Tag Archives: density

Ann Arbor’s (lack of) affordable housing

The city of Ann Arbor had another quixotic forum on sustainability on April 12.

As reported by the Ann Arbor Chronicle, Ann Arbor Housing Commission executive director Jennifer Hall oriented attendees to the context of trends in the city’s housing costs:

Ann Arbor’s owner-occupied housing market is getting more expensive compared to other areas nationally. According to data from the National Housing Conference, in 2011 metro Ann Arbor (Washtenaw County) ranked as the 87th most expensive housing market among the nation’s 209 metro areas, Hall reported. The median home price for the Ann Arbor metro area was $162,000. Just two years earlier, the median home price was $136,000, and metro Ann Arbor ranked 132 among the 209 metro areas, she said…

There’s a growing need for more affordable housing in this community, Hall said. A study conducted by the Washtenaw Housing Alliance showed that in 2004, 2,756 people in Washtenaw County reported that they had experienced homelessness. In 2010, that number had grown to 4,738…

Hall also observed that as people search for affordable housing and move further away from where they’d prefer to live, they often increase the amount they pay for transportation to get to work or to necessary services, like grocery stores. That increased cost often isn’t factored in to their housing decisions, she noted, and the more distant location can end up being more expensive overall…

It often seems like the average senior citizen in Ann Arbor is among the city’s most vociferous opponents of densification.  Consequently, it was refreshing to read the commentary at the meeting by former Ann Arbor City Councilmember Eunice Burns, who “described how she’d sold her house to her daughter and son-in-law, and now lives in the home’s garage that was renovated into an apartment for her”:

But because of existing zoning constraints, only a family member can live in an accessory dwelling, she noted – no one will be able to use the apartment when she’s gone. The city’s ordinances need to be revised to allow for more types of dwellings like this for a wider range of people, Burns said…

She recalled that when the city tried to change zoning for accessory dwelling units in the past, it had met with resistance…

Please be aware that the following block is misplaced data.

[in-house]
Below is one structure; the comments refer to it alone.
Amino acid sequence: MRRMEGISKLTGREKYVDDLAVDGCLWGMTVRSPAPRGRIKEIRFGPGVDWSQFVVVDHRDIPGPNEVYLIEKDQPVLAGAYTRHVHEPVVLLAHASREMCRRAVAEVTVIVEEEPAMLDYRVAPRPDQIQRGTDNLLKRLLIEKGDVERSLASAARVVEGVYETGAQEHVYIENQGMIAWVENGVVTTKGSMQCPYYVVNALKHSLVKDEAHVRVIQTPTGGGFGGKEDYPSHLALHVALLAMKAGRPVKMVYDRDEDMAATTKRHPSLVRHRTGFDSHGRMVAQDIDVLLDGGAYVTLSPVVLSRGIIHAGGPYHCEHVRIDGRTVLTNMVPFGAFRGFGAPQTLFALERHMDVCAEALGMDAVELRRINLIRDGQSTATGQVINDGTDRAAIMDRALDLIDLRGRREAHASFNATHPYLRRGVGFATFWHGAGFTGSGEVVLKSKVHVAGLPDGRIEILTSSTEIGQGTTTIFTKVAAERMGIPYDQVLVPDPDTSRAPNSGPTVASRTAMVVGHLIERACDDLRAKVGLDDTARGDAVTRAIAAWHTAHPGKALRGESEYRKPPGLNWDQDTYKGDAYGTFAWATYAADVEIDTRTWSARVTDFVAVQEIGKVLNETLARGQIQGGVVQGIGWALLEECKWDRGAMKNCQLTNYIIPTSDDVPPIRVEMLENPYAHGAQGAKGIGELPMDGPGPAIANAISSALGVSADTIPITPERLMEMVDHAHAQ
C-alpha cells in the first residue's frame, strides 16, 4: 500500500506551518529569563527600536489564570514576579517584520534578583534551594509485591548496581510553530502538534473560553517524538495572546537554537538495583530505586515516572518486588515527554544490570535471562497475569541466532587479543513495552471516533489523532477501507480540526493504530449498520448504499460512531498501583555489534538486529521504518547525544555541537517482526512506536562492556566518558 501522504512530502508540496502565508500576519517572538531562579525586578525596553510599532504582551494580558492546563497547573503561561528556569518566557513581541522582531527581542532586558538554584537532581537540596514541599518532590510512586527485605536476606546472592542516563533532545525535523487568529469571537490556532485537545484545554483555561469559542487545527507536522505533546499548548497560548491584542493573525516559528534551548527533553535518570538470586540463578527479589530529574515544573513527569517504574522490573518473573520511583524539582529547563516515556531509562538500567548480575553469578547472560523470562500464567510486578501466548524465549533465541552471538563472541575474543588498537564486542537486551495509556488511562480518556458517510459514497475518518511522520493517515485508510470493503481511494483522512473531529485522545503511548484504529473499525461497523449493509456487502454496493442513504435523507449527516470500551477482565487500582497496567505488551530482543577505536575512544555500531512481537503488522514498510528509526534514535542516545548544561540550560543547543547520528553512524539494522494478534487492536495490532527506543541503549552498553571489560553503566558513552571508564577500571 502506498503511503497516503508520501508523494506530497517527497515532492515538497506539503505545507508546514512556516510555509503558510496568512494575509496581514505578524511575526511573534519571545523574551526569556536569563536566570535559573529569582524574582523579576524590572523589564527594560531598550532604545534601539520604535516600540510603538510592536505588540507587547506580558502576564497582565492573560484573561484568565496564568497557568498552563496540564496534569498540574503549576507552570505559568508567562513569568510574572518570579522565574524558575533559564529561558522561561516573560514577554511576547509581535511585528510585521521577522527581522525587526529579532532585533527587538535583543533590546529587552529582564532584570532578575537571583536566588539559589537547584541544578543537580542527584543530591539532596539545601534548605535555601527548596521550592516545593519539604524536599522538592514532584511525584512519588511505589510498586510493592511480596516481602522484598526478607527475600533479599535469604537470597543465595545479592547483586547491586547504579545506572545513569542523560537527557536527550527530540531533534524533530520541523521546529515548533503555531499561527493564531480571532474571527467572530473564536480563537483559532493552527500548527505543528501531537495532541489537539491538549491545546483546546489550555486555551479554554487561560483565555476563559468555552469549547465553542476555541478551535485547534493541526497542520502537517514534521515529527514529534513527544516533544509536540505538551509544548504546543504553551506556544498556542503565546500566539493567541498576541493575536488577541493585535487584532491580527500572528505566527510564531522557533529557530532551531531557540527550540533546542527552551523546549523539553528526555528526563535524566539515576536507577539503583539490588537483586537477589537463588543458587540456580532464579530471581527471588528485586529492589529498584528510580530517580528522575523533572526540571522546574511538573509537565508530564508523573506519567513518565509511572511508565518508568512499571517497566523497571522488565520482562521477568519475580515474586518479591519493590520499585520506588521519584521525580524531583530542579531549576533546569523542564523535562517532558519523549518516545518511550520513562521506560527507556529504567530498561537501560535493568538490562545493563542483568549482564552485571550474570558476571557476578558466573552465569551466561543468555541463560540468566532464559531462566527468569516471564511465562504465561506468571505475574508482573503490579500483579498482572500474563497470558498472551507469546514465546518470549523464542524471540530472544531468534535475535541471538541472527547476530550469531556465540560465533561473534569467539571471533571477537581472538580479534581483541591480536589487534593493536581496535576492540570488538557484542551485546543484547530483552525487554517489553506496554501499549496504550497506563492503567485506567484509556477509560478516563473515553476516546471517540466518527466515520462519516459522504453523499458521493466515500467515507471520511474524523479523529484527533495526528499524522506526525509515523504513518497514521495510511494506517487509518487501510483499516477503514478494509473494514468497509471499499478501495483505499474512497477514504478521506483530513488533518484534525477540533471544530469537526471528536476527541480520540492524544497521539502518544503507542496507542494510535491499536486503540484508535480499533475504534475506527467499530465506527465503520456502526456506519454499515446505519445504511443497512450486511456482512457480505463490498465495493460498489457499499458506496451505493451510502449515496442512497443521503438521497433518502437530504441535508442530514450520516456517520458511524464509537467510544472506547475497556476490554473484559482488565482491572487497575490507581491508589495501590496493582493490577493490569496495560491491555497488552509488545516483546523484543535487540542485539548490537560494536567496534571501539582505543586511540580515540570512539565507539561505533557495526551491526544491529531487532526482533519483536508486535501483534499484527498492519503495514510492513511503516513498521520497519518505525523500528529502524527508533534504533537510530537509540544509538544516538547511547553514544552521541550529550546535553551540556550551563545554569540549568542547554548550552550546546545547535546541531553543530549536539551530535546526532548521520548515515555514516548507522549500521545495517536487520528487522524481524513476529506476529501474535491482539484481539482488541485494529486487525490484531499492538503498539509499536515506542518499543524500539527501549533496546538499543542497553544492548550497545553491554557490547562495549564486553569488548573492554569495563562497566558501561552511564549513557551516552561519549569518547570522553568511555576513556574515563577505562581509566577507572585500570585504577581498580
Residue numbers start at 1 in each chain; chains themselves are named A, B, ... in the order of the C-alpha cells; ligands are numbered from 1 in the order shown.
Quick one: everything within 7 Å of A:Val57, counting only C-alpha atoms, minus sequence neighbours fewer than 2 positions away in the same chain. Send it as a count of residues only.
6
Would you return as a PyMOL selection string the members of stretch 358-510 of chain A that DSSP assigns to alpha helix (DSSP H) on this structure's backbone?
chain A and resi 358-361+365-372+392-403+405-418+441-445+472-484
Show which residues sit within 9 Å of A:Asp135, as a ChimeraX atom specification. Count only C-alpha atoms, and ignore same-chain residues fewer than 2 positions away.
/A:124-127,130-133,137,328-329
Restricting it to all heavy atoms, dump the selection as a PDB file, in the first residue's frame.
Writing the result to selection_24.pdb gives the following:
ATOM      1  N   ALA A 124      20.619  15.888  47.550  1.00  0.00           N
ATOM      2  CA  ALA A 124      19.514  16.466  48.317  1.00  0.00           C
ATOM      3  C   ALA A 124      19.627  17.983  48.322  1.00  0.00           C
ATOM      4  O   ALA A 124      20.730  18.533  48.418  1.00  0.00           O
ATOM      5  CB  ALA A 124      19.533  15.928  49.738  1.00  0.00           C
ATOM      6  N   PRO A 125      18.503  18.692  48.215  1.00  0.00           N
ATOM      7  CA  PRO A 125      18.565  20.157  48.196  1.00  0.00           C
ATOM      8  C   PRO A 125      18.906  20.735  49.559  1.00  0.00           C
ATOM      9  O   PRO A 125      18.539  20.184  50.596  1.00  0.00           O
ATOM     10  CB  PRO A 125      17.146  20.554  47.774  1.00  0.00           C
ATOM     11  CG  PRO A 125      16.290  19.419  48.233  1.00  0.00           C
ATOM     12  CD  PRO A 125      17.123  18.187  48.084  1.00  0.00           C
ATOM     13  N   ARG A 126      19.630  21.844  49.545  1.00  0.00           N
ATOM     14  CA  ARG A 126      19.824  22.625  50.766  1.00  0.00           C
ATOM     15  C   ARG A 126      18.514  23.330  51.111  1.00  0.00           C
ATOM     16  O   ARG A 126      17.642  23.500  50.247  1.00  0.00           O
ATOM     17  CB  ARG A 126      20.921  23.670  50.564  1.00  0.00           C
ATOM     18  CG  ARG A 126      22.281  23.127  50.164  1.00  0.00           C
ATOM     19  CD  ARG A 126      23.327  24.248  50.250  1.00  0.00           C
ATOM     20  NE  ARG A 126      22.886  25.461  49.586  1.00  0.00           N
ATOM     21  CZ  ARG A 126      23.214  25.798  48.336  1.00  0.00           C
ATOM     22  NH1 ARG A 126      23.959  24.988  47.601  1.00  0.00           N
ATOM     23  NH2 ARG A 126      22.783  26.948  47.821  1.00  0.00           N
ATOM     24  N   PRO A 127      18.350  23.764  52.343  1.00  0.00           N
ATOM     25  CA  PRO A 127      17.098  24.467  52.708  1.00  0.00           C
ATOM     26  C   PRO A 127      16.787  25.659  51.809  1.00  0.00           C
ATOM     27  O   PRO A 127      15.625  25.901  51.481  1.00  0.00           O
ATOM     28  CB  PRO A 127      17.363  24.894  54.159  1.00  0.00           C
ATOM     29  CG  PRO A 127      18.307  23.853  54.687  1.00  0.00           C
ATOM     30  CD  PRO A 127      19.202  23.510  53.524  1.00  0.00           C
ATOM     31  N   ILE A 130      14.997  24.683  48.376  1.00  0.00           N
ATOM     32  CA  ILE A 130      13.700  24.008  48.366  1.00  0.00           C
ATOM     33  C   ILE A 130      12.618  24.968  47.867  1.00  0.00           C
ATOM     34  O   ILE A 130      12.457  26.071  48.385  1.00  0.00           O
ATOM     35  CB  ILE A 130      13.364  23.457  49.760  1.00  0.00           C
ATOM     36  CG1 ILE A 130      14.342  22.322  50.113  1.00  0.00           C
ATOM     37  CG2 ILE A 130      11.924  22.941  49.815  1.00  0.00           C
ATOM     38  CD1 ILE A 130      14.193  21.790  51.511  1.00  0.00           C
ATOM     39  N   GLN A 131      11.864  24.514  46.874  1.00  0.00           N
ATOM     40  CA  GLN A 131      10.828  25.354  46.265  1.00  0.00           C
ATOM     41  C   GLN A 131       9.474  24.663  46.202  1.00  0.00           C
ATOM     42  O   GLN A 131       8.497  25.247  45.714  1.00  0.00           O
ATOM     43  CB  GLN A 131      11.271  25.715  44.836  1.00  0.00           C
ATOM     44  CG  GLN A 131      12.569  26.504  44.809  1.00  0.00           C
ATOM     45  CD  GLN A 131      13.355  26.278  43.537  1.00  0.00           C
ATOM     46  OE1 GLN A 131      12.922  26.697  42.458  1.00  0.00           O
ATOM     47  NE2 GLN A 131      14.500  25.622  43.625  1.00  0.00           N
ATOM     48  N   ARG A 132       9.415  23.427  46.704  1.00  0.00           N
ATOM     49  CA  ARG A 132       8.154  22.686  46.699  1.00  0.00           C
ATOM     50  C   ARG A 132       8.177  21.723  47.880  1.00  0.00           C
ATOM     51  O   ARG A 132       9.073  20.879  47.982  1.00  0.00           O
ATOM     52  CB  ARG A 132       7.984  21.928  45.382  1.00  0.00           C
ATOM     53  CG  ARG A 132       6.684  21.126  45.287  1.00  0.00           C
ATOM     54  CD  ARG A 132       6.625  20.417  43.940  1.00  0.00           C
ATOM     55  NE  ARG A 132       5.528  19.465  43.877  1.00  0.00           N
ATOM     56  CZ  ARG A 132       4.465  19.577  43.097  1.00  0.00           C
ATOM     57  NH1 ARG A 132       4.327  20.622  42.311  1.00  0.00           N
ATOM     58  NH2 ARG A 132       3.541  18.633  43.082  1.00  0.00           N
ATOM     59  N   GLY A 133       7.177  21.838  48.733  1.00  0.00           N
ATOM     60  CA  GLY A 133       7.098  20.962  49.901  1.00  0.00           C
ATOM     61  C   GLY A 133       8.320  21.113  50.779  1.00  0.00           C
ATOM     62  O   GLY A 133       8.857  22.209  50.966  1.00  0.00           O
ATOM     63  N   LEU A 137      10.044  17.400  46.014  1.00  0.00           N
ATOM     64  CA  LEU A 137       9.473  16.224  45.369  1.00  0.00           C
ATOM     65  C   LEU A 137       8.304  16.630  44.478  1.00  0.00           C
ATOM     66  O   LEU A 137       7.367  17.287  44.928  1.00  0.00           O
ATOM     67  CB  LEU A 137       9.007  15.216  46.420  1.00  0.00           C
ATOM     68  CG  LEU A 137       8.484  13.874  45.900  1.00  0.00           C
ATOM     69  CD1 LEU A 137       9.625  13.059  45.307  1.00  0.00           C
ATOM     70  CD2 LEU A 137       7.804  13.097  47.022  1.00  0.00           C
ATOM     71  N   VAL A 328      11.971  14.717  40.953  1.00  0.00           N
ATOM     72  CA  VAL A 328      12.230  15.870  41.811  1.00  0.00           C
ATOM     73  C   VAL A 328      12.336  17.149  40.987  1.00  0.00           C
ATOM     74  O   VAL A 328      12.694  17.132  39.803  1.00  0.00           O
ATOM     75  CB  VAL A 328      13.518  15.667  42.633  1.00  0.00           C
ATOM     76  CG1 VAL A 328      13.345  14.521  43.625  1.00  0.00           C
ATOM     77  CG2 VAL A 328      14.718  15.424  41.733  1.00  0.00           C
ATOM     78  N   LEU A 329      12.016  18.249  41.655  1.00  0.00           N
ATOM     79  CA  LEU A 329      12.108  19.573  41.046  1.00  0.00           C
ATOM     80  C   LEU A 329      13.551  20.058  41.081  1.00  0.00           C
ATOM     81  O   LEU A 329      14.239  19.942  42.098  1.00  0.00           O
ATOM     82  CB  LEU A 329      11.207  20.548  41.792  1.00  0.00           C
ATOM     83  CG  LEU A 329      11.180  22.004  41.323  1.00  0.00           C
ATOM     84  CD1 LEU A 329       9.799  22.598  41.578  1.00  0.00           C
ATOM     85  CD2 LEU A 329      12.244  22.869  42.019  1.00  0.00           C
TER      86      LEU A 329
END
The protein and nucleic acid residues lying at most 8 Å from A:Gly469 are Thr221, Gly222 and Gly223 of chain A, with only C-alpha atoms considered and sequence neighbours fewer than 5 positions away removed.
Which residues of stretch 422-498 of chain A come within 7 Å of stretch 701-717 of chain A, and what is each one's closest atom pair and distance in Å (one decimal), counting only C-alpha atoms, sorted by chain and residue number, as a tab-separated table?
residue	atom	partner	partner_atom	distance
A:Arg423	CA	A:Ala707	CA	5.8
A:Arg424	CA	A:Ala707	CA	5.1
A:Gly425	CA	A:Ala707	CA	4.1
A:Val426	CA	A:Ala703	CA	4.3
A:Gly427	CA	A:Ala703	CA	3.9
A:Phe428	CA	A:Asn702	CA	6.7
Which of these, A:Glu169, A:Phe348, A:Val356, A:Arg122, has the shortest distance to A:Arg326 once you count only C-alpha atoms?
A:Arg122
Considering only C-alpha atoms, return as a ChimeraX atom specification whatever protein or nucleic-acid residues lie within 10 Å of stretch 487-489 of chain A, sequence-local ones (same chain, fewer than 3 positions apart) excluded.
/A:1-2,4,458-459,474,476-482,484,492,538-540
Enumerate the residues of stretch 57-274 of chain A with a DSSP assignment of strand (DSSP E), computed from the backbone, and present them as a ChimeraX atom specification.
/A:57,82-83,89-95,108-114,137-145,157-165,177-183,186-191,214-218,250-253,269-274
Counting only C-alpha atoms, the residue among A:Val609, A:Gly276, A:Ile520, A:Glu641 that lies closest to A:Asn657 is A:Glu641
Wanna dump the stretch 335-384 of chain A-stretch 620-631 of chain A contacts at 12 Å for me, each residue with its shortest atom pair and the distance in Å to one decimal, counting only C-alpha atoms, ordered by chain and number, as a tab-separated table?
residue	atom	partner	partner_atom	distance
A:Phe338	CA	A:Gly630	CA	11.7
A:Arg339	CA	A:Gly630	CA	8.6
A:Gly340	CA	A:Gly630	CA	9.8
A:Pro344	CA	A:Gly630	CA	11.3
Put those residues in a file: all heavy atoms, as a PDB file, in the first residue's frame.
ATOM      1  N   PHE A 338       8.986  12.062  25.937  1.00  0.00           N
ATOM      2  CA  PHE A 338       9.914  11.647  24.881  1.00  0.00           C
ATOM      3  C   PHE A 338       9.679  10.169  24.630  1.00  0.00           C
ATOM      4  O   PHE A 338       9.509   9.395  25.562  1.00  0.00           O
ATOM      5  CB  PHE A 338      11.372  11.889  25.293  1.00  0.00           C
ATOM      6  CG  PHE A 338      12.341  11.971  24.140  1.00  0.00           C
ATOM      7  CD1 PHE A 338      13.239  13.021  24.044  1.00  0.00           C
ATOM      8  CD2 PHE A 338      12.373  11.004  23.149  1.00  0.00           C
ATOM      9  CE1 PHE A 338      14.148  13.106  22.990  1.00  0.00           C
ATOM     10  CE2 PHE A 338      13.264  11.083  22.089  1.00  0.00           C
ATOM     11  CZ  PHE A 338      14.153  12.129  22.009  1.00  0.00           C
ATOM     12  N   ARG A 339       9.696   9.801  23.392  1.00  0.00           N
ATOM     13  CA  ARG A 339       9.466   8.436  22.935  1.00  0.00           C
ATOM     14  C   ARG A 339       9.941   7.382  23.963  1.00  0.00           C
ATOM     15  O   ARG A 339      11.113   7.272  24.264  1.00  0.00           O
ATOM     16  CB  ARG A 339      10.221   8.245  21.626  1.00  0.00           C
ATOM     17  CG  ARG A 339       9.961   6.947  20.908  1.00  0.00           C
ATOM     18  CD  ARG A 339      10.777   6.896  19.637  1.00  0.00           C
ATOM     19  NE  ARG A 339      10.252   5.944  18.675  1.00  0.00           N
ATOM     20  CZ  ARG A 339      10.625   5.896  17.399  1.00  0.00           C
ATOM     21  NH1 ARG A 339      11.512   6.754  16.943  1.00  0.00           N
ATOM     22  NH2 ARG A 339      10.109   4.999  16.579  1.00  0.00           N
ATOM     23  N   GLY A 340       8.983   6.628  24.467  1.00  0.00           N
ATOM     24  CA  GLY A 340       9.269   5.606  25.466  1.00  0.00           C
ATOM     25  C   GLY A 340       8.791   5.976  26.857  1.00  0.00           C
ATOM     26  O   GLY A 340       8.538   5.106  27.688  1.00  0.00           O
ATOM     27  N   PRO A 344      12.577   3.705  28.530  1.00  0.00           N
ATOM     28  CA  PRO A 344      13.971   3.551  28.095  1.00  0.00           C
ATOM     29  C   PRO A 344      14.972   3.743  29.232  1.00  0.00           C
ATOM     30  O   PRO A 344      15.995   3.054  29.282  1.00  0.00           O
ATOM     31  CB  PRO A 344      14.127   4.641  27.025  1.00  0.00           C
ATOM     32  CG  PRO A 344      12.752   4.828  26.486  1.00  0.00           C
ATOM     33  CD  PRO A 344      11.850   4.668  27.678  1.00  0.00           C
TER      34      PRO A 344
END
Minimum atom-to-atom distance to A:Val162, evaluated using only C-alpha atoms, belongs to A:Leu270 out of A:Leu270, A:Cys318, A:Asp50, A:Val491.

The derailed effort that Burns mentioned would have changed the city’s zoning to make it possible for non-family members to live in accessory apartments.

Wendy Rampson, the city’s planning manager, told the audience that the concern had primarily been about neighborhoods close to campus becoming too densely populated…

Another attendee, UM planning professor Doug Kelbaugh, noted

The carbon footprint of those living in the suburbs is dramatically higher than for urban residents… Increasing urban density would have the single greatest impact on reducing that carbon footprint – saving energy, the amount of land that’s used for development, the amount time people spend commuting, and more.

He underlined the central irony of this forum, which is how the city’s efforts toward sustainability can be canceled out by its land use regime:

Kelbaugh said he loves the city’s parkland, but he sometimes thinks there’s too much of it – what the city really needs is more people living downtown. Perhaps parkland is being over-prioritized.

This thought often occurs to me when I drive or bike through the city’s northeast quadrant — the part of town roughly bounded by Huron Parkway to the south and Maiden Lane to the west.  Much of this area is occupied by UM’s North Campus, which provides a beautiful pastoral setting but is, environmentally, a disaster, and increasingly a nightmare for the university from a logistical and transportation standpoint.   Plymouth Road’s commercial strip and the residential neighborhoods to its north are isolated from the rest of town by the finger of countryside.  Huron High School’s rural setting likewise precludes walking to school for most of its students, forcing them to drive or take the bus, increasing traffic congestion and needless costs to the public school district.